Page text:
By James Rufus Koren Staff Writer
Posted: 02/25/2011 09:07:13 PM PST
Last week, as the House of Representatives debated a bill that would fund the federal government from March through September, Republicans voted to block federal money from being used to implement the new health-care law, to enforce some environmental laws and to fund Planned Parenthood.
But behind those big-ticket items, House Republicans also pushed through a measure that would stop the federal government from paying groups that sue the government and win. It’s a move that attorneys and activists say could limit the ability of average citizens to take on Washington.
“This is someone using this financial crisis to screw the little guy over,” said Cory Briggs, a San Diego attorney who is representing a local group in a case against the federal Bureau of Land Management. “The current law gives the little guy a fighting chance against government abuse. Under the amendment, however, only the filthy rich would be able to find a lawyer to stop the abuse.”
The amendment, sponsored by Rep. Cynthia Lummis, R-Wy., would temporarily block funding for the Equal Access to Justice Act, which pays the court costs for people who successfully sue the government. Individuals with a net worth of more than $2million and businesses with a net worth of more than $7million are not eligible.
Alfredo Acosta Figueroa of Blythe doesn’t have $2million in the bank. The retired miner is one of the plaintiffs suing the BLM over its approval of solar power projects on hundreds of acres of desert land in San Bernardino and Riverside counties.
Figueroa and his group, La Cuna de Aztlan Sacred Sites Protection Circle, say the BLM has ignored or overlooked the impact solar power plants could have on Native American sites in the desert.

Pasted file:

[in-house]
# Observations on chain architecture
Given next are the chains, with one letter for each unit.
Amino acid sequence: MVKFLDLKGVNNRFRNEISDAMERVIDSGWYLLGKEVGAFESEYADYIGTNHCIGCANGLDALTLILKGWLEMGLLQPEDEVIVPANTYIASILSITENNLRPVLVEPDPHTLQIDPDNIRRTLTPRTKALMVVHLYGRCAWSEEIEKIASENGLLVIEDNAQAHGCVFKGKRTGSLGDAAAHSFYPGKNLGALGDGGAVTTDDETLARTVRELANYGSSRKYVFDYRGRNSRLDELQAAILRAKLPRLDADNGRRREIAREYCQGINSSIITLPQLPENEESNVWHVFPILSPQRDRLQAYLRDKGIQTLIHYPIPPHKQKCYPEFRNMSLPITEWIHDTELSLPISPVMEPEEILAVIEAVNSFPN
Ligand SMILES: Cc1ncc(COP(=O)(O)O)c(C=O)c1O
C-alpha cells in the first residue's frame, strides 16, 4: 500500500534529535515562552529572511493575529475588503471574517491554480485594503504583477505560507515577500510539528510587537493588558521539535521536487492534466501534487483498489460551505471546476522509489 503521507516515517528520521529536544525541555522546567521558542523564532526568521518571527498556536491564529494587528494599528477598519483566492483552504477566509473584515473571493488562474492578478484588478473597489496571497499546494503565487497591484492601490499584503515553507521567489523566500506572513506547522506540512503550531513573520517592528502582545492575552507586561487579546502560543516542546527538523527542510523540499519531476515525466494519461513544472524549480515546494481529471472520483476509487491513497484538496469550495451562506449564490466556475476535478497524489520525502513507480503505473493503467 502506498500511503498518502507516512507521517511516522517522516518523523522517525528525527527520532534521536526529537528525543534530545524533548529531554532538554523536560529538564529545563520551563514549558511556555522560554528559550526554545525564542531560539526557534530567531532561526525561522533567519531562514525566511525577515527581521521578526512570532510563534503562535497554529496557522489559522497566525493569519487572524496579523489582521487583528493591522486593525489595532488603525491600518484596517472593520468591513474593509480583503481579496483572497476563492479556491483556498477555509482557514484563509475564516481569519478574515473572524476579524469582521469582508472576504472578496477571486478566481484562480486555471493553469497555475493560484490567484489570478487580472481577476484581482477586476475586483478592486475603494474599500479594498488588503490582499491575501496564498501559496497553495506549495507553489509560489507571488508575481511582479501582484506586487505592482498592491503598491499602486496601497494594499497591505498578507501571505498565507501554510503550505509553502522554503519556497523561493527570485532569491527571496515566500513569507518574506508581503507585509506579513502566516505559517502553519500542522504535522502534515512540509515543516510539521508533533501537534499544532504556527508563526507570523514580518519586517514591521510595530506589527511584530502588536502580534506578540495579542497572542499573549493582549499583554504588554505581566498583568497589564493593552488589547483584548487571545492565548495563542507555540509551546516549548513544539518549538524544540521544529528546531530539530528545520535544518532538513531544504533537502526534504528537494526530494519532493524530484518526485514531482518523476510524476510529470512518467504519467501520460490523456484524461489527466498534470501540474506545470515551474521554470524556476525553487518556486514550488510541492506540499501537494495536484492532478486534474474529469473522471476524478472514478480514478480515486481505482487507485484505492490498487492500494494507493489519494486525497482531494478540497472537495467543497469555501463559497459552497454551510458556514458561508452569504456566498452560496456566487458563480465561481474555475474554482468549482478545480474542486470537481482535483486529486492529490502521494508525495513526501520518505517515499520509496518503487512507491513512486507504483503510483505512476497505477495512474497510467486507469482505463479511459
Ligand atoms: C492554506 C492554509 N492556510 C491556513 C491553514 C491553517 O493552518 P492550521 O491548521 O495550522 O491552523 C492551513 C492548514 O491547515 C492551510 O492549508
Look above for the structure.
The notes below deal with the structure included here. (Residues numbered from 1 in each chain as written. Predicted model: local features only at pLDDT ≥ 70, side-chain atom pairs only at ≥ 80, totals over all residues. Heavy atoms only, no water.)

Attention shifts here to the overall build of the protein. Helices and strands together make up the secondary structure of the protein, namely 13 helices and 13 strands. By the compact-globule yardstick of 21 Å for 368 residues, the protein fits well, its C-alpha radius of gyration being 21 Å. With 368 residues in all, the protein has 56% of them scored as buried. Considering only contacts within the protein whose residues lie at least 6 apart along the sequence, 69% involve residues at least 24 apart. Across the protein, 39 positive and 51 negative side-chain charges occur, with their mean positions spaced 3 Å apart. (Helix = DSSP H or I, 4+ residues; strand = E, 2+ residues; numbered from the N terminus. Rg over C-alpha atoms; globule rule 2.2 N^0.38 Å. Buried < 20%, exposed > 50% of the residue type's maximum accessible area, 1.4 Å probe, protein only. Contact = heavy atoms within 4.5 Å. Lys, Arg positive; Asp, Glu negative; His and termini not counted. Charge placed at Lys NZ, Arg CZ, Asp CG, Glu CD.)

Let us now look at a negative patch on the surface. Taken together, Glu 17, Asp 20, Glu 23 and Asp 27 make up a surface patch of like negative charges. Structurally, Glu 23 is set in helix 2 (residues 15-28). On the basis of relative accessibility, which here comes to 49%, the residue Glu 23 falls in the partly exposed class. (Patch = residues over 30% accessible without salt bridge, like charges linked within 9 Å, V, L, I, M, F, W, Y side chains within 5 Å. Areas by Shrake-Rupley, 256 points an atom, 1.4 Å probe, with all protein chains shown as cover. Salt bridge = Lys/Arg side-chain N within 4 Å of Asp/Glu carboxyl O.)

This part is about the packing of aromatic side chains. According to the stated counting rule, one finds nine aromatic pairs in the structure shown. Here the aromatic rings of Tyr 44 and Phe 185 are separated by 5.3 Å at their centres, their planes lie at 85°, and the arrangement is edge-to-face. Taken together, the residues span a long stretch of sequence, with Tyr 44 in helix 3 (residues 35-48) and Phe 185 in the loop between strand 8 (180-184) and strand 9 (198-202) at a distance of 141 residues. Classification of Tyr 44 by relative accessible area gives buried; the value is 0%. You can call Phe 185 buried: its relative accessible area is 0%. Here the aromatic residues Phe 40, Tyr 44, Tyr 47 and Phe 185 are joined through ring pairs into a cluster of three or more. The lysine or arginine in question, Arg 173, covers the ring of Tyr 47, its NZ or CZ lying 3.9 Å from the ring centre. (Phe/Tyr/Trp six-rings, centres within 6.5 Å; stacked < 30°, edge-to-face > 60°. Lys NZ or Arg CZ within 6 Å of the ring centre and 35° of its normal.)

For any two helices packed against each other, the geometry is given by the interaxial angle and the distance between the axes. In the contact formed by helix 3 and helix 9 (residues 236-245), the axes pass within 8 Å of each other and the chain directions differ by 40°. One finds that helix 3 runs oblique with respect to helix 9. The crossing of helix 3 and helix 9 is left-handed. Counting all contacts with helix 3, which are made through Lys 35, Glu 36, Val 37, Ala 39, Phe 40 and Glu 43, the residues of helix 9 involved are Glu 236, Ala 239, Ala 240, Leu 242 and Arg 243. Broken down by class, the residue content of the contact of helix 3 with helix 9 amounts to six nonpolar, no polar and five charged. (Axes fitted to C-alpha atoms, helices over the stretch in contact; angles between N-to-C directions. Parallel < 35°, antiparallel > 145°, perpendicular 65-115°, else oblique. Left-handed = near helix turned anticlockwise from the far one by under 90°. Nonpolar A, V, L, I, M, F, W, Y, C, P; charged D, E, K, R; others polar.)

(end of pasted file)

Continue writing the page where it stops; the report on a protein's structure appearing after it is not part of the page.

“There are over 25 sacred sites in the Blythe solar project,” Figueroa said. “These sacred sites are there and (BLM has) refused to recognize them. We had always worked together with the BLM. But now … they just became deaf or mute.”
Briggs, the attorney representing Figueroa and others in the case against the BLM, said he wouldn’t be able to pursue cases like this without the federal compensation.
“I don’t think (the plaitiffs) could afford to pay me if they had to come up with the money up front,” Briggs said.
Lummis, arguing for her amendment on the House floor, said she doesn’t want to scrap the Equal Access to Justice Act – she just wants a moratorium. She said the government needs to study how much money payed under the act is going to environmental groups.
“How many environmental groups are atually paying for their organization by routinely suing the federal government?” Lummis asked.
But Briggs said the law is clear: Money paid for attorney fees “are only for the attorneys.”
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